No wild animal roams at random over the country: each has a home region, even if it has not an actual home.
— Ernest Thompson Seton, 1909
Determinants of home range behavior in capuchins
What factors determine how and where animals use space? What determines the size and shape of their “home range?”
Motivated by these question, I compiled a large eight-year data set (collected by myself and by many collaborators on separate projects) representing over 20,000 contact hours on seven social groups of white-faced capuchins. The data consist of GPS tracking locations, behavioral observations, and various kinds of environmental data, including climate and habitat variables. I used a movement-based kernel method to calculate home ranges at four nested temporal scales and three nested spatial scales, and I examined the social and environmental factors that drive home range dynamics.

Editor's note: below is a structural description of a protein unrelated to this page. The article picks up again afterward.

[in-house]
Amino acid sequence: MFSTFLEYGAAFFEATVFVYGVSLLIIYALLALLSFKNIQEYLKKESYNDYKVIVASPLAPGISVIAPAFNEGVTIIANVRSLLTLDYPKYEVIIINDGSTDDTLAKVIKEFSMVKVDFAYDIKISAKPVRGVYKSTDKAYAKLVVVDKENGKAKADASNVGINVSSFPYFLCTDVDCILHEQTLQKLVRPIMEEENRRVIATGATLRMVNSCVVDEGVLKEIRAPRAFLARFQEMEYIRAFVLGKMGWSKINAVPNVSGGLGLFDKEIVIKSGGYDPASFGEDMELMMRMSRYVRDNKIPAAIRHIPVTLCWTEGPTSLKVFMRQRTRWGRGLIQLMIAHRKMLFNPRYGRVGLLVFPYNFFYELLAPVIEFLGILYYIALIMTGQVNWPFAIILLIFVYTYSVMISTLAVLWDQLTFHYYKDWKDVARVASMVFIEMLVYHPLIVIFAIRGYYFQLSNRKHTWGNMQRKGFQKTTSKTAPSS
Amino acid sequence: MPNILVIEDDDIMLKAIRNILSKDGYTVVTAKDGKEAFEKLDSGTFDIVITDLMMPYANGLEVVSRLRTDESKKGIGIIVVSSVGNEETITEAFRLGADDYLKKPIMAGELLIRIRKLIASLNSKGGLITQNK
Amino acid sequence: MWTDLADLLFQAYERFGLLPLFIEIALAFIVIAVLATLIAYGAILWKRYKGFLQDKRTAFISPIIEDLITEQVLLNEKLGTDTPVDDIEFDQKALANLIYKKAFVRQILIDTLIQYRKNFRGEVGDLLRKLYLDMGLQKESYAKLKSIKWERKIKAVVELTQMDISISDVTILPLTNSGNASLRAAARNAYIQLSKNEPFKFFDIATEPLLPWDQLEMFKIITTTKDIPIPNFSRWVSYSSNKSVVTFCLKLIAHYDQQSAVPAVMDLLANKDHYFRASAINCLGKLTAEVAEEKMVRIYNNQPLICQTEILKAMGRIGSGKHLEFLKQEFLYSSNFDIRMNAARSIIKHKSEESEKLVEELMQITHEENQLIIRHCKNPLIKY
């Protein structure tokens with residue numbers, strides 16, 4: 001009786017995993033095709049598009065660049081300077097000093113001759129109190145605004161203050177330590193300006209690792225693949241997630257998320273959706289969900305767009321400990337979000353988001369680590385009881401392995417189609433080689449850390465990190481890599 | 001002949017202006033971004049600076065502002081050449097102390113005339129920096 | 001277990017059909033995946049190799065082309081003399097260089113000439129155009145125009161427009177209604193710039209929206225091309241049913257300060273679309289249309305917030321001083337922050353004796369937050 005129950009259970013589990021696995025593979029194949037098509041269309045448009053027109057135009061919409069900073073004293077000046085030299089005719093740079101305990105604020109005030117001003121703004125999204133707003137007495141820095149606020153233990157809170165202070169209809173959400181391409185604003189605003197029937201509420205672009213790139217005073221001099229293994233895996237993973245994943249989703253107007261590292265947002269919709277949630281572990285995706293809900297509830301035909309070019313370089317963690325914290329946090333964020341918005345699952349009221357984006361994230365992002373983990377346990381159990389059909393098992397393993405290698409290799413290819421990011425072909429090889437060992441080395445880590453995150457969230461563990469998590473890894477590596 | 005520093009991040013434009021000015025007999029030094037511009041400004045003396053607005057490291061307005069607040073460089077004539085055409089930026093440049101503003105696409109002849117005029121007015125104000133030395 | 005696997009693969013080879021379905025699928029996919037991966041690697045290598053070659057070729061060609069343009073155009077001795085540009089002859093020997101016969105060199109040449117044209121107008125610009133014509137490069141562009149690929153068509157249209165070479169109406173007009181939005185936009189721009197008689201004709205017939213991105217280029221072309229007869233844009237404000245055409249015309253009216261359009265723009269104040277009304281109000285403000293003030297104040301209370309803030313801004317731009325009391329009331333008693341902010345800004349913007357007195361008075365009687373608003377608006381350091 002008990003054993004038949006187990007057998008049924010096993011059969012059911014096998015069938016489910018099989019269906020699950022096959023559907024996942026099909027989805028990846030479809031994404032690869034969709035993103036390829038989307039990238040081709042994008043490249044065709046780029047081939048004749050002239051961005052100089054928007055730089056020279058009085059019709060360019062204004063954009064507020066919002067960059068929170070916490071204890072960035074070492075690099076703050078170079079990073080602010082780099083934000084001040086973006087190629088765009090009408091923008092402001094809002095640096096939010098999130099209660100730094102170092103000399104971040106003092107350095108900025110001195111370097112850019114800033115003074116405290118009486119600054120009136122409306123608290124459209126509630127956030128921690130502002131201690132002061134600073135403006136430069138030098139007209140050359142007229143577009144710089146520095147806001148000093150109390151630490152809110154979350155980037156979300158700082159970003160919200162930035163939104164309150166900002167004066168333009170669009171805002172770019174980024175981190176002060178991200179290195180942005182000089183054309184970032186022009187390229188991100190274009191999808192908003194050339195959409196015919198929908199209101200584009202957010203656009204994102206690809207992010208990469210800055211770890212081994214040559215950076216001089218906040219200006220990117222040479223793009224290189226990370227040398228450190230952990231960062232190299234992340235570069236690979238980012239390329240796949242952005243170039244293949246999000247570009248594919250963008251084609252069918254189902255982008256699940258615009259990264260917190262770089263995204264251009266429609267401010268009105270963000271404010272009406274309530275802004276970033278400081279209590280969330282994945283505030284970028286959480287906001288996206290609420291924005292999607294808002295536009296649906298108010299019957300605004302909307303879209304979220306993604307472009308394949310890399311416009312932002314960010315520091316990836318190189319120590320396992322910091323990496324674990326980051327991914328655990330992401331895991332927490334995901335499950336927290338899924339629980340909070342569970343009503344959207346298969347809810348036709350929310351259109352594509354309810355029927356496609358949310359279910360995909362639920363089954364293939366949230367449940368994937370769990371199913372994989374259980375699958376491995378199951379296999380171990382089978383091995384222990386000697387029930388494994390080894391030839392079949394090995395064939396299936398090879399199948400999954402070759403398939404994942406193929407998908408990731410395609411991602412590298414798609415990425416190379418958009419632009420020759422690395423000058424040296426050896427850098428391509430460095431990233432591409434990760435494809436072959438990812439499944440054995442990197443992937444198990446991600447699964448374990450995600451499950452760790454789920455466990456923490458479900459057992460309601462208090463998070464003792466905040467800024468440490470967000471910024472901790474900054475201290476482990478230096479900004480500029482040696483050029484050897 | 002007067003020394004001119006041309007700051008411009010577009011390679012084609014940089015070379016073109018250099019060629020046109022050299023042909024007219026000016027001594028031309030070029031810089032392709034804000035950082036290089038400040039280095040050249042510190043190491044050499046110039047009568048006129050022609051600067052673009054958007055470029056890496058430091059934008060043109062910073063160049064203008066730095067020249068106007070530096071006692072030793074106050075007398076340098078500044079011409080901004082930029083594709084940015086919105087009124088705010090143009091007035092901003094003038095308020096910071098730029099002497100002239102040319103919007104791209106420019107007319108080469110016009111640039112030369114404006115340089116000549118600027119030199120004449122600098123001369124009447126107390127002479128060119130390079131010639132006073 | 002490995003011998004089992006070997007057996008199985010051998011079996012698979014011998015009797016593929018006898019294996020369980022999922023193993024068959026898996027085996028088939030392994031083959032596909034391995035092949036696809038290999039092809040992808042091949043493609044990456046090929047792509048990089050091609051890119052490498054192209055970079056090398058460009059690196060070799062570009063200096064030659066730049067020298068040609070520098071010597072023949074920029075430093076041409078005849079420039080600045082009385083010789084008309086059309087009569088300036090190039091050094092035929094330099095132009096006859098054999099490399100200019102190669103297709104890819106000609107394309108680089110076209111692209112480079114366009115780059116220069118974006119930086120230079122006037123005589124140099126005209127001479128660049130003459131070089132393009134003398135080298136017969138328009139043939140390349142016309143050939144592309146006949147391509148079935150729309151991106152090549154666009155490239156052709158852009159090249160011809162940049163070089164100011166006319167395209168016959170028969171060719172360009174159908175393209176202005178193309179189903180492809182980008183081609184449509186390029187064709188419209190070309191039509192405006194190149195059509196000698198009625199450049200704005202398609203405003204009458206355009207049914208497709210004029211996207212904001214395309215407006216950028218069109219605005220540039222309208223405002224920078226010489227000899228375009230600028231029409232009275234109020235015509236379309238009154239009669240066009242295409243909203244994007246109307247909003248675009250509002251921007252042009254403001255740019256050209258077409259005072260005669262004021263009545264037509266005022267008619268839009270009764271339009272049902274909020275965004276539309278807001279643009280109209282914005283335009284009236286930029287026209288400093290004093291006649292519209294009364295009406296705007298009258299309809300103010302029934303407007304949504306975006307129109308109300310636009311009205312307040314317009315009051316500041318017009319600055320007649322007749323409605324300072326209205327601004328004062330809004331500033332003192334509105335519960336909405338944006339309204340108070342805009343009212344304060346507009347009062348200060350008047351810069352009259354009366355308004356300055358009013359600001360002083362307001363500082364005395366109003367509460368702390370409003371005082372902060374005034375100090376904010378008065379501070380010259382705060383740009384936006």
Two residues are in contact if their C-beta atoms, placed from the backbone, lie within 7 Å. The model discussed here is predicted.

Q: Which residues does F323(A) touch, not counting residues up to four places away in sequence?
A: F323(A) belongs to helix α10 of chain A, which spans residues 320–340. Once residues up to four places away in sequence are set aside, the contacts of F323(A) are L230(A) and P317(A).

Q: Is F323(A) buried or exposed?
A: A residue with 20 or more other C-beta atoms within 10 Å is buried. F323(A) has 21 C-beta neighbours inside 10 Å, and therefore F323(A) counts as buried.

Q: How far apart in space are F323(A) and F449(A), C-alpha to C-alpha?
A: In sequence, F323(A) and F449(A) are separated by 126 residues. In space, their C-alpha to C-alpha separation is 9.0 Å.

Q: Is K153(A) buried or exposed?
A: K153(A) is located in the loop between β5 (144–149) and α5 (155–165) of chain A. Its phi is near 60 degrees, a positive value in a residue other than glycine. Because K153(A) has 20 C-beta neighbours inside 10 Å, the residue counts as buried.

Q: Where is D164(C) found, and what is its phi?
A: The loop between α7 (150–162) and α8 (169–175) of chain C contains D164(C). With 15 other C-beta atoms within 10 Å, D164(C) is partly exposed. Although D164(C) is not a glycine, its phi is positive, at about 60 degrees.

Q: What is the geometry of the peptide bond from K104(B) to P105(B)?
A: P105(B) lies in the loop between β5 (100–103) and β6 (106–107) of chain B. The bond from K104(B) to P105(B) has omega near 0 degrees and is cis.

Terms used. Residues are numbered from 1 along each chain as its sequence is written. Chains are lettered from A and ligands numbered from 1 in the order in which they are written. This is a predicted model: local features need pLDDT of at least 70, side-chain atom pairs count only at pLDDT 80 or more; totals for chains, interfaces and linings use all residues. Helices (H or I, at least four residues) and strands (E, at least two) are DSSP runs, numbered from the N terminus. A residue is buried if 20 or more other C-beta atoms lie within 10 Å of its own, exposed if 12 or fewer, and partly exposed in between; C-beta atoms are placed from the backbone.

Our work examined how variation in climate, food abundance, and group size affects the area of the home range, and the types of habitats contained within the home range.
Migration in Swedish Moose
I am working in collaboration with Navinder Singh and Göran Ericsson at Sveriges Lantbruksuniversitet in Umeå, Sweden, to study migration behavior in Swedish wildlife, with a particular focus on moose.